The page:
Saudi Arabia plans to ban overseas pilgrims from the annual haj pilgrimage for the second time due to the infectious COVID-19 virus as global tolls and fears rise about the emergence of new variants, sources told Reuters.
Such a move would restrict the pilgrimage to Mecca, a once-in-a-lifetime duty for every able-bodied Muslim who can afford it, to Saudi nationals and residents of the kingdom who were vaccinated or have recovered from COVID-19 at least months prior to attending.
This order will restrict pilgrimage to Mecca, which is one of the pillars of Islam.
Reuters reported that only vaccinated Saudi national and residents of the kingdom will be allowed to pilgrimage.
The matter is currently under review about a possible ban, there has been no final decision on pursuing barring pilgrims yet.
Before the pandemic stroke Saudi Arabia was host to more than 2.5 million pilgrims visiting the holy sites of Mecca and Medica during long haj, adding the umrah pilgrimage to it the country reportedly was making about $12 billion annually, Reuters reported.
Saudia Arabia under Crown Prince Mohammad Bin Salman’s economic plans predicted a rise to the number of umrah and haj pilgrims to 5 and 15 million by 2020, the plan aimed at doubling pilgrims by 30 million visitors by 2030 aimed at increasing the revenues to an estimated $13.32 billion, Reuters stated in a report.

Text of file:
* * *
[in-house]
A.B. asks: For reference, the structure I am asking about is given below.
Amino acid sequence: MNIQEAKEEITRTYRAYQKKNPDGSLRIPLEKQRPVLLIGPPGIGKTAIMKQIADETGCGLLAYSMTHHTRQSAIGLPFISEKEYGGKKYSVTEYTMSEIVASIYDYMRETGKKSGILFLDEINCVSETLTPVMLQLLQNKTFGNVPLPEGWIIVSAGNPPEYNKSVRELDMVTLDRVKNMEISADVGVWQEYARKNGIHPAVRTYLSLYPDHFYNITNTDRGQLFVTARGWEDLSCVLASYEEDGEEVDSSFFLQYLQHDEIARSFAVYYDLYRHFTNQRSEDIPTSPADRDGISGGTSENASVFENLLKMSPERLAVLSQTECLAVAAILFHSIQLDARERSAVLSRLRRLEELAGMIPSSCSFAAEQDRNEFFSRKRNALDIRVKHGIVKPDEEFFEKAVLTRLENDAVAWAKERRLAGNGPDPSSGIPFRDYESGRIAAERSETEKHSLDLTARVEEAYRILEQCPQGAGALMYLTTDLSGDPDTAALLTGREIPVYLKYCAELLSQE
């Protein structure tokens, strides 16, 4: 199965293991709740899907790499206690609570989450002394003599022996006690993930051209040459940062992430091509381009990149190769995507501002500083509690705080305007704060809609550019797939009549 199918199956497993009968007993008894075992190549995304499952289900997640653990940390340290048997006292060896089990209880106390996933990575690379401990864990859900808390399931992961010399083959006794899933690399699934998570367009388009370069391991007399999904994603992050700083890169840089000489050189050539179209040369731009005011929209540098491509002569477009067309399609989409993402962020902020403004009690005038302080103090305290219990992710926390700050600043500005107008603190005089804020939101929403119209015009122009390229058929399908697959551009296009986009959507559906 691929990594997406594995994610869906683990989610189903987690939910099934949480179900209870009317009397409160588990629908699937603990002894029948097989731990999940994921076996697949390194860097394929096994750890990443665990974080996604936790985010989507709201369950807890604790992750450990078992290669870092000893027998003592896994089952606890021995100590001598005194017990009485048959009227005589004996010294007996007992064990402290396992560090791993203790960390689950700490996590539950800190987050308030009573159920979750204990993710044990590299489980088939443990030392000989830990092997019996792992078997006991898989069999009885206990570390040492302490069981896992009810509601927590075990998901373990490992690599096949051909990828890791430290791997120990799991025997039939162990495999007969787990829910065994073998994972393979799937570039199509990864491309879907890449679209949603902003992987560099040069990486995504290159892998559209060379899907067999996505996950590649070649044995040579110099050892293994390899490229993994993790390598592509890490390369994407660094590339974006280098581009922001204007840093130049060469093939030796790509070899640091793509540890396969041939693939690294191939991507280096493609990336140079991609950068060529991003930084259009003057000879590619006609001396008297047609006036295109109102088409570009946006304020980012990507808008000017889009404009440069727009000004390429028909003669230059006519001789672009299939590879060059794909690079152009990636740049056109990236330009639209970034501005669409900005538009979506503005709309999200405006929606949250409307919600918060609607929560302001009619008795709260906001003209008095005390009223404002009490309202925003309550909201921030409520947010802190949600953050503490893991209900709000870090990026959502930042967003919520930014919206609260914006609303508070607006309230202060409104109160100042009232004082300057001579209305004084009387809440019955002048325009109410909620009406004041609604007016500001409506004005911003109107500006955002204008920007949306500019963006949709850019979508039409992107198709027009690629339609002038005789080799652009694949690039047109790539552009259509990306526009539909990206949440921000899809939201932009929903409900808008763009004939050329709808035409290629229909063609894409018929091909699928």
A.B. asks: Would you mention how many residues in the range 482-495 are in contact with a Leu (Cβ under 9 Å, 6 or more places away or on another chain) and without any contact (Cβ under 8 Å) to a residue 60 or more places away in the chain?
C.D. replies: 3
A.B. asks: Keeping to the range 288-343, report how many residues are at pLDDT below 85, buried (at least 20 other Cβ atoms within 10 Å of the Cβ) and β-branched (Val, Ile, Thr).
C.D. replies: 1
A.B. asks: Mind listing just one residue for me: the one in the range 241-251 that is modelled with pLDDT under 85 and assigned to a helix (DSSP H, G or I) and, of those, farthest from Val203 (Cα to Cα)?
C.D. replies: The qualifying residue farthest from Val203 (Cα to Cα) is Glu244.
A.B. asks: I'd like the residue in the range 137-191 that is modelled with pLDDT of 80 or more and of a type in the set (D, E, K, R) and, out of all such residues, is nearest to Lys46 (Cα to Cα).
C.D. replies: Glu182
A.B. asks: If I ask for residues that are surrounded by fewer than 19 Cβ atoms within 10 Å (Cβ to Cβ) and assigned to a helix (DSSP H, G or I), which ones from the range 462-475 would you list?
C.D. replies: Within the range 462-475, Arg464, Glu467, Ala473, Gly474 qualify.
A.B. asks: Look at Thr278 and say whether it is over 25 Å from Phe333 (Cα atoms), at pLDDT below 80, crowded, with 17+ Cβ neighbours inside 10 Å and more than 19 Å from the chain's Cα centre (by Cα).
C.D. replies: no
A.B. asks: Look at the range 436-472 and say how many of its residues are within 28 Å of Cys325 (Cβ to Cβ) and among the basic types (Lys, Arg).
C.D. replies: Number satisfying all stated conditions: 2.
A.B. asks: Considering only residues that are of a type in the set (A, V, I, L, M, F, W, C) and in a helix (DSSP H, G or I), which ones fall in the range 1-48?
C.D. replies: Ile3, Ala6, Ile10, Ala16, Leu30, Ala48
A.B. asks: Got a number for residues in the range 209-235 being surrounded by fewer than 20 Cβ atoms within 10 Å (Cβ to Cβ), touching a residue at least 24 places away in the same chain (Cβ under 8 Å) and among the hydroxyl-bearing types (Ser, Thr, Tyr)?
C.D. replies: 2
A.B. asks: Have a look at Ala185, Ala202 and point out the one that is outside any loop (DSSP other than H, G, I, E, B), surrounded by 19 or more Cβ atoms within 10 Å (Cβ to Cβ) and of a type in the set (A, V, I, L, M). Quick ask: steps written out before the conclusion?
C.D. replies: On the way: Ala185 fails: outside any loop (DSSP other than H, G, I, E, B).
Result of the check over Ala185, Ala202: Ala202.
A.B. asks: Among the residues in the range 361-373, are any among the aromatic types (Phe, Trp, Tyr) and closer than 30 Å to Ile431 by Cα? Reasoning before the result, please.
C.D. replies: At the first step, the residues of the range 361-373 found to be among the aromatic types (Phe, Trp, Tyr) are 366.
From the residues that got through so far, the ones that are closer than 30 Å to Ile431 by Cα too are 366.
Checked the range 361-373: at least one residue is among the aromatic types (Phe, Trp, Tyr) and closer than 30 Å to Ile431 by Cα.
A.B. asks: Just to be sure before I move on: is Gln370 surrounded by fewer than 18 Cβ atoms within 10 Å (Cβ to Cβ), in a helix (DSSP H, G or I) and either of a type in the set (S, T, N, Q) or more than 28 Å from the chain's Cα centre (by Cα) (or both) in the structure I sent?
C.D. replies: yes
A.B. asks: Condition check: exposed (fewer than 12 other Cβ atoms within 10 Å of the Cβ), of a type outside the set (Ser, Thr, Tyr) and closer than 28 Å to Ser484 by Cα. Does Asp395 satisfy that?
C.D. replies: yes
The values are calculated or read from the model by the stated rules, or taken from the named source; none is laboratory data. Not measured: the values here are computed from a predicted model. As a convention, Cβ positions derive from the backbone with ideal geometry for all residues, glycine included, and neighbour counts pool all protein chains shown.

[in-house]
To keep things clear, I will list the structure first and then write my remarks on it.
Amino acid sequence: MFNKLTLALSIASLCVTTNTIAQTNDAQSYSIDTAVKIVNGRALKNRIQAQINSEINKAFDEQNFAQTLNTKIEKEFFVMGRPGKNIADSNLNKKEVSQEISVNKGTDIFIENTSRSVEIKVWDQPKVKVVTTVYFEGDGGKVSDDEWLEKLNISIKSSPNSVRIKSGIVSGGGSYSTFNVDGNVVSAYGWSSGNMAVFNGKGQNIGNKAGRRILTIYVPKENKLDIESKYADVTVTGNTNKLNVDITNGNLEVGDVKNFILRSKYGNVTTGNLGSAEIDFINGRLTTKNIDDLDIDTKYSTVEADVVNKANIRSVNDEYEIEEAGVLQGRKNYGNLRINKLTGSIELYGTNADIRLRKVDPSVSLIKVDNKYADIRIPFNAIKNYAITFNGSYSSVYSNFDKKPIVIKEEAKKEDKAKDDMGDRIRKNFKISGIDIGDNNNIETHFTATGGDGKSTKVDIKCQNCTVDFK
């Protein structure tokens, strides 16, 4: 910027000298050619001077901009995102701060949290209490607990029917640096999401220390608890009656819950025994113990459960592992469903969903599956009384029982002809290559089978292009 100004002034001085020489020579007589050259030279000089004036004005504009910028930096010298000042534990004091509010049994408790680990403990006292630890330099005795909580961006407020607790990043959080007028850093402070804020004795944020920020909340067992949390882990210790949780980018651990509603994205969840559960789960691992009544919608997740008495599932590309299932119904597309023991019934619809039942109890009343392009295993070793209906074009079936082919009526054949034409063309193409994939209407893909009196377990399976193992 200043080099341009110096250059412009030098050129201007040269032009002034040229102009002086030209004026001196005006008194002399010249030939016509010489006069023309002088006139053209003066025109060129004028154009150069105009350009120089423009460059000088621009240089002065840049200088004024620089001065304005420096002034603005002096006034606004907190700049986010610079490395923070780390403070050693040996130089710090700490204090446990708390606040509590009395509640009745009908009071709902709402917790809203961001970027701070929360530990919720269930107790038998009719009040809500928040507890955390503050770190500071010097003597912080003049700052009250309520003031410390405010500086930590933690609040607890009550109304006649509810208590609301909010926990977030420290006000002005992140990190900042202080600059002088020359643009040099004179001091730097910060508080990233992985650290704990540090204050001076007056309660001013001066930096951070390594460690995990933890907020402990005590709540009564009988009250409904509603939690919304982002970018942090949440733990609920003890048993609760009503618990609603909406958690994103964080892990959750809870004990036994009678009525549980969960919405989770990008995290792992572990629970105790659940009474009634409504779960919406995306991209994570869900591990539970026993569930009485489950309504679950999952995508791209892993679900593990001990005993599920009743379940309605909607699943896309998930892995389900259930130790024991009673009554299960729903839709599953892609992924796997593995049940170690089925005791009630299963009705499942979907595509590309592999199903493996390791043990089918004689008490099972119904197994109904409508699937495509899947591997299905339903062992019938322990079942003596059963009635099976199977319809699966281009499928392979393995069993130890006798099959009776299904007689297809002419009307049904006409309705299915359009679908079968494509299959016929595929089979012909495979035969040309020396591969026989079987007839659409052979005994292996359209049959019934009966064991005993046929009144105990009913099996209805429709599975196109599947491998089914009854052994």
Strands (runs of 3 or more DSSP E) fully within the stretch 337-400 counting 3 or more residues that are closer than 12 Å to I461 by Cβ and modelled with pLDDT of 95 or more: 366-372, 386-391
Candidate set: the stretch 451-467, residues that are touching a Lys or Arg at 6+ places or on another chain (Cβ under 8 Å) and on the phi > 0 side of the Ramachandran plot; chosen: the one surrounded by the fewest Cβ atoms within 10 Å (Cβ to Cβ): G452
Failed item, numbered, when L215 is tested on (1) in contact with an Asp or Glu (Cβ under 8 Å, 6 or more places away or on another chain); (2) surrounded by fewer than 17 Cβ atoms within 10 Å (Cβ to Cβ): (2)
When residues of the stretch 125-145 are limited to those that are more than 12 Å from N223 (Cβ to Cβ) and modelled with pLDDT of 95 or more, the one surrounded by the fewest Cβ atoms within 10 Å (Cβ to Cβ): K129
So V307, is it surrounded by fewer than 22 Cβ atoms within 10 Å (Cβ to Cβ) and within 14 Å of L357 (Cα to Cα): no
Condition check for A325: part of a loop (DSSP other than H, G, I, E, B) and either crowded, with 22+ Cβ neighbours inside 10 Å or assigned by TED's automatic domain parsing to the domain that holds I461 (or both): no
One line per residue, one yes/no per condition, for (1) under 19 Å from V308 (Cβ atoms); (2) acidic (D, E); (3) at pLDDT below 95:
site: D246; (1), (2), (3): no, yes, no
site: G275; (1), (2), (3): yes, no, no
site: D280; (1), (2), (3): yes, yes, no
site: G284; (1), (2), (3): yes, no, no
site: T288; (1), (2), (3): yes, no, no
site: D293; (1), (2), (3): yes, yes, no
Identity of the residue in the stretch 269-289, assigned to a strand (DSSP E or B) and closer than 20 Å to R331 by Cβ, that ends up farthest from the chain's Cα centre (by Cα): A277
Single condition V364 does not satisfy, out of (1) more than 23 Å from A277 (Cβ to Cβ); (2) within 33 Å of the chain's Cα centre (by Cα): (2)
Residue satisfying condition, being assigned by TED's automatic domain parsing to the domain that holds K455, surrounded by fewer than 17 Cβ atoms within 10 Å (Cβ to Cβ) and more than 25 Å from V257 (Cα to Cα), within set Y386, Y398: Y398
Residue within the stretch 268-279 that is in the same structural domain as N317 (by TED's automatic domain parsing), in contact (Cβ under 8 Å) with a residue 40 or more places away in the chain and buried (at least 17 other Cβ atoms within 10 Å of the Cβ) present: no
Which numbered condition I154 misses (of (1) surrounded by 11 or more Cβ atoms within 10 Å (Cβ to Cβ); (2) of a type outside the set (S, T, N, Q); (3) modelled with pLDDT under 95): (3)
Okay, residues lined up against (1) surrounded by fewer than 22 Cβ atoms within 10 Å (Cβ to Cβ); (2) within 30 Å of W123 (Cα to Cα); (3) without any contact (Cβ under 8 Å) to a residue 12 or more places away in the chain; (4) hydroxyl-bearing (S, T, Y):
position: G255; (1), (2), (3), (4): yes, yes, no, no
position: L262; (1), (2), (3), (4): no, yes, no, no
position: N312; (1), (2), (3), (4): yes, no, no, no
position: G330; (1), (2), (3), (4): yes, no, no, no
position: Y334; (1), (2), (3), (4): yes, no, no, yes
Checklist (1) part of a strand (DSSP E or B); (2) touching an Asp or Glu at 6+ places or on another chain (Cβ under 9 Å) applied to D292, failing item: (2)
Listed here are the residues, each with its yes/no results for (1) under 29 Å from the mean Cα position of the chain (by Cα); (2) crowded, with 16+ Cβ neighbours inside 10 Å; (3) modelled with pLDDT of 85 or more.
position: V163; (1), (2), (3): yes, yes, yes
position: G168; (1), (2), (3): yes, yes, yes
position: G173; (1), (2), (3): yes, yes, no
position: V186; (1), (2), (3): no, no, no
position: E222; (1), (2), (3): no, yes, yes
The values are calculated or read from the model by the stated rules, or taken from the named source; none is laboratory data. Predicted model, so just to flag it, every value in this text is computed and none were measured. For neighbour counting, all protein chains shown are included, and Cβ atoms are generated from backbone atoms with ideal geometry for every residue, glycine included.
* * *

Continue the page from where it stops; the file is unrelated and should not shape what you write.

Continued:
Restrictions will reportedly be applied on the age of the participants as well, sources told Reuters.
Preliminary plans will allow vaccinated pilgrims from overseas, but there are confusions over types of vaccines, their efficacy, and the emergence of new variants, which pushed the Saudi officials for reconsideration, according to Reuters.
Government media office did not respond to Reuters’ request to comment on the matter.
Saudi Arabia barred foreign pilgrims last year due to the COVID-19 Pandemic for the first time in Kingdom’s history and allowed only limited local pilgrims.
Earlier in February, the country also announced it had suspended entries to Saudi Arabia from 20 nations, including United Arab Emirates, Germany, the United States, Britain, South Africa, France, Egypt, Lebanon, India, and Pakistan.
The ban remains in effect while global COVID-19 toll keeps rising.